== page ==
A PALEOELEVATION HISTORY OF THE PATAGONIAN ANDES FROM HYDRATED VOLCANIC GLASS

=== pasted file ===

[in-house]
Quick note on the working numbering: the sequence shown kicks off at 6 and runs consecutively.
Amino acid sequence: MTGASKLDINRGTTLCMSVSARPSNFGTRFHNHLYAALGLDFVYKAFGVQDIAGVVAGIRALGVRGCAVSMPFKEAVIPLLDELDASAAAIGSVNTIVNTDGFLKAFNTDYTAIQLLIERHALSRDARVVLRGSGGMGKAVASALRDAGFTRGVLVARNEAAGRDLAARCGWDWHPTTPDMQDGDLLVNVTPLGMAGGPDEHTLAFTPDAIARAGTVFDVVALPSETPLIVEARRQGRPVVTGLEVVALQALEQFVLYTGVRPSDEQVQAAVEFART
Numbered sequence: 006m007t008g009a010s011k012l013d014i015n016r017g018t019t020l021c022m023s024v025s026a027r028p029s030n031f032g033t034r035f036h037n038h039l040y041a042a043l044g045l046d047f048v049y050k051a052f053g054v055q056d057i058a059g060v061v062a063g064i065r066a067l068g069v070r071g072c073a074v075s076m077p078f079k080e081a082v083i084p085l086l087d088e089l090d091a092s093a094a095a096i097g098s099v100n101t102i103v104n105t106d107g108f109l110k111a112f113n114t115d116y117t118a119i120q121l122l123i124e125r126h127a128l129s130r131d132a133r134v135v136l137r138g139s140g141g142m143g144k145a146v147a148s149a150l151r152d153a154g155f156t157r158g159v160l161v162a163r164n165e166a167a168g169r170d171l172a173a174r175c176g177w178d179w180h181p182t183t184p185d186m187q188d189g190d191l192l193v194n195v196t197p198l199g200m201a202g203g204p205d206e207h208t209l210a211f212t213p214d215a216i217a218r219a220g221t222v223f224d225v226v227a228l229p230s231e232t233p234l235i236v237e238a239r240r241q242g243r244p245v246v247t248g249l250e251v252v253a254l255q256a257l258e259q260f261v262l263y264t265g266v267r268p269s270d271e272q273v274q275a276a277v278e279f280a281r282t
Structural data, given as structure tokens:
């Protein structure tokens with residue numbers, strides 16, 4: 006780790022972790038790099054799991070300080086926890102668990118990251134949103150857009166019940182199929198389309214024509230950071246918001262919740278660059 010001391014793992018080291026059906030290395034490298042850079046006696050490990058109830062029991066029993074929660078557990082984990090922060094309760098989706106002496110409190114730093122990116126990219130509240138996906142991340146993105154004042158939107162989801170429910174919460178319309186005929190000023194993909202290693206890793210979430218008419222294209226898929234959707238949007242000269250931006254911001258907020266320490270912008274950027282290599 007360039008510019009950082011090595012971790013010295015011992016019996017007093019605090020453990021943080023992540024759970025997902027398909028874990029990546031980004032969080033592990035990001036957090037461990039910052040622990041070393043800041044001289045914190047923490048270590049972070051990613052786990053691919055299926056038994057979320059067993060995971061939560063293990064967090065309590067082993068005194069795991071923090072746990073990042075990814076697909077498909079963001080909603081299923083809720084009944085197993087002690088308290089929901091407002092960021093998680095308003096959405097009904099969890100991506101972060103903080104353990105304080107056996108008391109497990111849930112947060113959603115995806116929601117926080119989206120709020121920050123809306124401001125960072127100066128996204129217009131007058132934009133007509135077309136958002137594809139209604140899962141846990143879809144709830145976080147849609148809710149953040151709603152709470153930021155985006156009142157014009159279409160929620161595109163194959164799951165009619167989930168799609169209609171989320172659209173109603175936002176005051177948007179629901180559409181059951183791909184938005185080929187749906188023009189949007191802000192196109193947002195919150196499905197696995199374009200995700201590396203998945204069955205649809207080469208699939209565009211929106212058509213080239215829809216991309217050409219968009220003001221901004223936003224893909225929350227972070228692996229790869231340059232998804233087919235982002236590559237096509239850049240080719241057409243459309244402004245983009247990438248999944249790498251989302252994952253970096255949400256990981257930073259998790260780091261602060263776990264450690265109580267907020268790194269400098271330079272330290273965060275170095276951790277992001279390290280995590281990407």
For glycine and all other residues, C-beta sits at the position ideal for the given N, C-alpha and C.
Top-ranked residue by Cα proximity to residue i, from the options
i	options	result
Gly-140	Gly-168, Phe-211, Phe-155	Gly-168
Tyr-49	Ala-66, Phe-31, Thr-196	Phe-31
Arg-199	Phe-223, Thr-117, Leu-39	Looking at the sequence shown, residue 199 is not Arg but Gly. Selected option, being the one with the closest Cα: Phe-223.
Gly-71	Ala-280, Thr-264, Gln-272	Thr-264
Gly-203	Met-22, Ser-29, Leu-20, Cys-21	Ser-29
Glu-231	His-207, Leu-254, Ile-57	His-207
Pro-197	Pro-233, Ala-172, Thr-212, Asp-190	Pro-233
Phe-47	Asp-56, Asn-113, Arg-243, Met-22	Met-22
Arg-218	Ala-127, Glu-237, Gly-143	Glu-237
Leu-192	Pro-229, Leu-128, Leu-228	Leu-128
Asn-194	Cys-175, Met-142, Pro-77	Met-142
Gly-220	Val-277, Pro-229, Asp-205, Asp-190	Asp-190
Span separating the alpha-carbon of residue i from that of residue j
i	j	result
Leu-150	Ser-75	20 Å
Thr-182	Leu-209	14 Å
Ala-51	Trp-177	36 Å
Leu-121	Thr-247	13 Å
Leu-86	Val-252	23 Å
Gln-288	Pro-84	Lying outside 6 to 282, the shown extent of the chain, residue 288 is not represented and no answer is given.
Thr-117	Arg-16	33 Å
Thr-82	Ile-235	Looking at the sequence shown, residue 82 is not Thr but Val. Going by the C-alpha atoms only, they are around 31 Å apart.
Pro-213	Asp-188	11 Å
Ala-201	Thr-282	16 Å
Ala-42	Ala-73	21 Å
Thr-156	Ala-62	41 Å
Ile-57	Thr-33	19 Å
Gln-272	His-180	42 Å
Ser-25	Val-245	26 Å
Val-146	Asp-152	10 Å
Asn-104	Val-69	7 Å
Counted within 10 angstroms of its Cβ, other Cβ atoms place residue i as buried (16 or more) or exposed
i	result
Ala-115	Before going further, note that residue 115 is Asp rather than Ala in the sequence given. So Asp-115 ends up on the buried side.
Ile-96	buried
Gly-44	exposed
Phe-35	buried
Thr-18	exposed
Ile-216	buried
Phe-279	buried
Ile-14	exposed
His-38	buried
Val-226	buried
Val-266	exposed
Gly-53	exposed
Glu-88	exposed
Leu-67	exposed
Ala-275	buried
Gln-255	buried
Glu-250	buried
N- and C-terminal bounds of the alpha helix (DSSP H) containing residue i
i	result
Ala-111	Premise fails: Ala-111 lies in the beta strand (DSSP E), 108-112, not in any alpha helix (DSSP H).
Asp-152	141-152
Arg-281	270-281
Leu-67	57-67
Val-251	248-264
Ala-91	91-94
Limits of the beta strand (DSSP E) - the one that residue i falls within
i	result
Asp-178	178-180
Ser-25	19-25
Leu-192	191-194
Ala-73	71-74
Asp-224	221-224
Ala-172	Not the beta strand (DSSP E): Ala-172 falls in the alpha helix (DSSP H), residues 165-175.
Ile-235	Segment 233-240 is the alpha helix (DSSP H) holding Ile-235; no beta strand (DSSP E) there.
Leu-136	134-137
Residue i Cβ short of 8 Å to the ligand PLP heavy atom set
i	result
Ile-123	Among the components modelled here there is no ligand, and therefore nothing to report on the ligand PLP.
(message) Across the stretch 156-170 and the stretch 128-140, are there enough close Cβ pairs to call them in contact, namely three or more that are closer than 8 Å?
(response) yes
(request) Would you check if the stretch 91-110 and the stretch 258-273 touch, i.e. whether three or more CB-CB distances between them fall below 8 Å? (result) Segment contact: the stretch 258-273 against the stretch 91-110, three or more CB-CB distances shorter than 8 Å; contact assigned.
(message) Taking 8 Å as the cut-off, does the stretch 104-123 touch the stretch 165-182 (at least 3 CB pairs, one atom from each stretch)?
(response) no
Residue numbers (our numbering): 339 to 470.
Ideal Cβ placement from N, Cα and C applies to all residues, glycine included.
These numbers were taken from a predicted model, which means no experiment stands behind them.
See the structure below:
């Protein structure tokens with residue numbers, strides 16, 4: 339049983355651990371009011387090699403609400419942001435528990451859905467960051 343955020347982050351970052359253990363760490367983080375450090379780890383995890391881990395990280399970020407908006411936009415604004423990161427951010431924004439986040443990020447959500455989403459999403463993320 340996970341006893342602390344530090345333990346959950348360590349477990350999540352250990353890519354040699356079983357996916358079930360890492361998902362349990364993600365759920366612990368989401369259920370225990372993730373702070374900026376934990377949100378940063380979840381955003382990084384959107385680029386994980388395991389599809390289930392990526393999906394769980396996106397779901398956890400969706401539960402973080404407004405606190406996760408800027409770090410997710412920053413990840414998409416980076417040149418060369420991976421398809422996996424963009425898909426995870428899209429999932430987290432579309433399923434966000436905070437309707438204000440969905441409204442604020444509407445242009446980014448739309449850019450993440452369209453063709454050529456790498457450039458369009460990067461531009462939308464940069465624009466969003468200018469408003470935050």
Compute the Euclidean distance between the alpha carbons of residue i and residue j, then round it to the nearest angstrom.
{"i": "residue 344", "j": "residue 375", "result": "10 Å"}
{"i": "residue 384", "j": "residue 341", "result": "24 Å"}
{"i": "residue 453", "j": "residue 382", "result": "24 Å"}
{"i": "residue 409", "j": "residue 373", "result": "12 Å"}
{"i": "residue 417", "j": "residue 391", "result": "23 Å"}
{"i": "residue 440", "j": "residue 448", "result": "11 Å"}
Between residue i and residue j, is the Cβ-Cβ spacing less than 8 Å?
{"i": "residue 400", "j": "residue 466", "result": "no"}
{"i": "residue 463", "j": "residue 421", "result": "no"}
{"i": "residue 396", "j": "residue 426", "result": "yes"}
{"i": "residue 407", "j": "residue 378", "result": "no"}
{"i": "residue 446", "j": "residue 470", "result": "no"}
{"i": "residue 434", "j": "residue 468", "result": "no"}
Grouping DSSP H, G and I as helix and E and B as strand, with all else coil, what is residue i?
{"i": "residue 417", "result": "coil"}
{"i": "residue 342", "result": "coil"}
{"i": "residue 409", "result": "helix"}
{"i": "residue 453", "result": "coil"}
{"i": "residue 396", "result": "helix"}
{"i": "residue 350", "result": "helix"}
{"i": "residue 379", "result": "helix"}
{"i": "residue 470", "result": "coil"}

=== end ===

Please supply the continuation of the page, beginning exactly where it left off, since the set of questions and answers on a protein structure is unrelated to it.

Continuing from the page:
To assess the topographic history of the Patagonian Andes, we constructed a water isotope record from hydrated volcanic glasses contained in Cenozoic sediments from sections at Lago Jeinimeni (Paleocene-early Eocene), Gran Barranca (Eocene-Miocene), and Lago Posadas (early Miocene), all located on the eastern side of the Patagonian Andes. We extracted glasses from these sediments and measured their H isotopic composition. The precipitation δD values reconstructed from those glasses for the Paleocene-Eocene samples were concentrated at values of -85‰, Eocene-Oligocene samples average -100‰, and early Miocene samples cluster around -110‰. This steady progression towards more negative water isotope values from the Paleocene to the Miocene implies that (1) the Patagonia Andes had a protracted history of mountain building that began well before the Miocene and (2) that history appears likely to have been one of gradual mountain building during that period.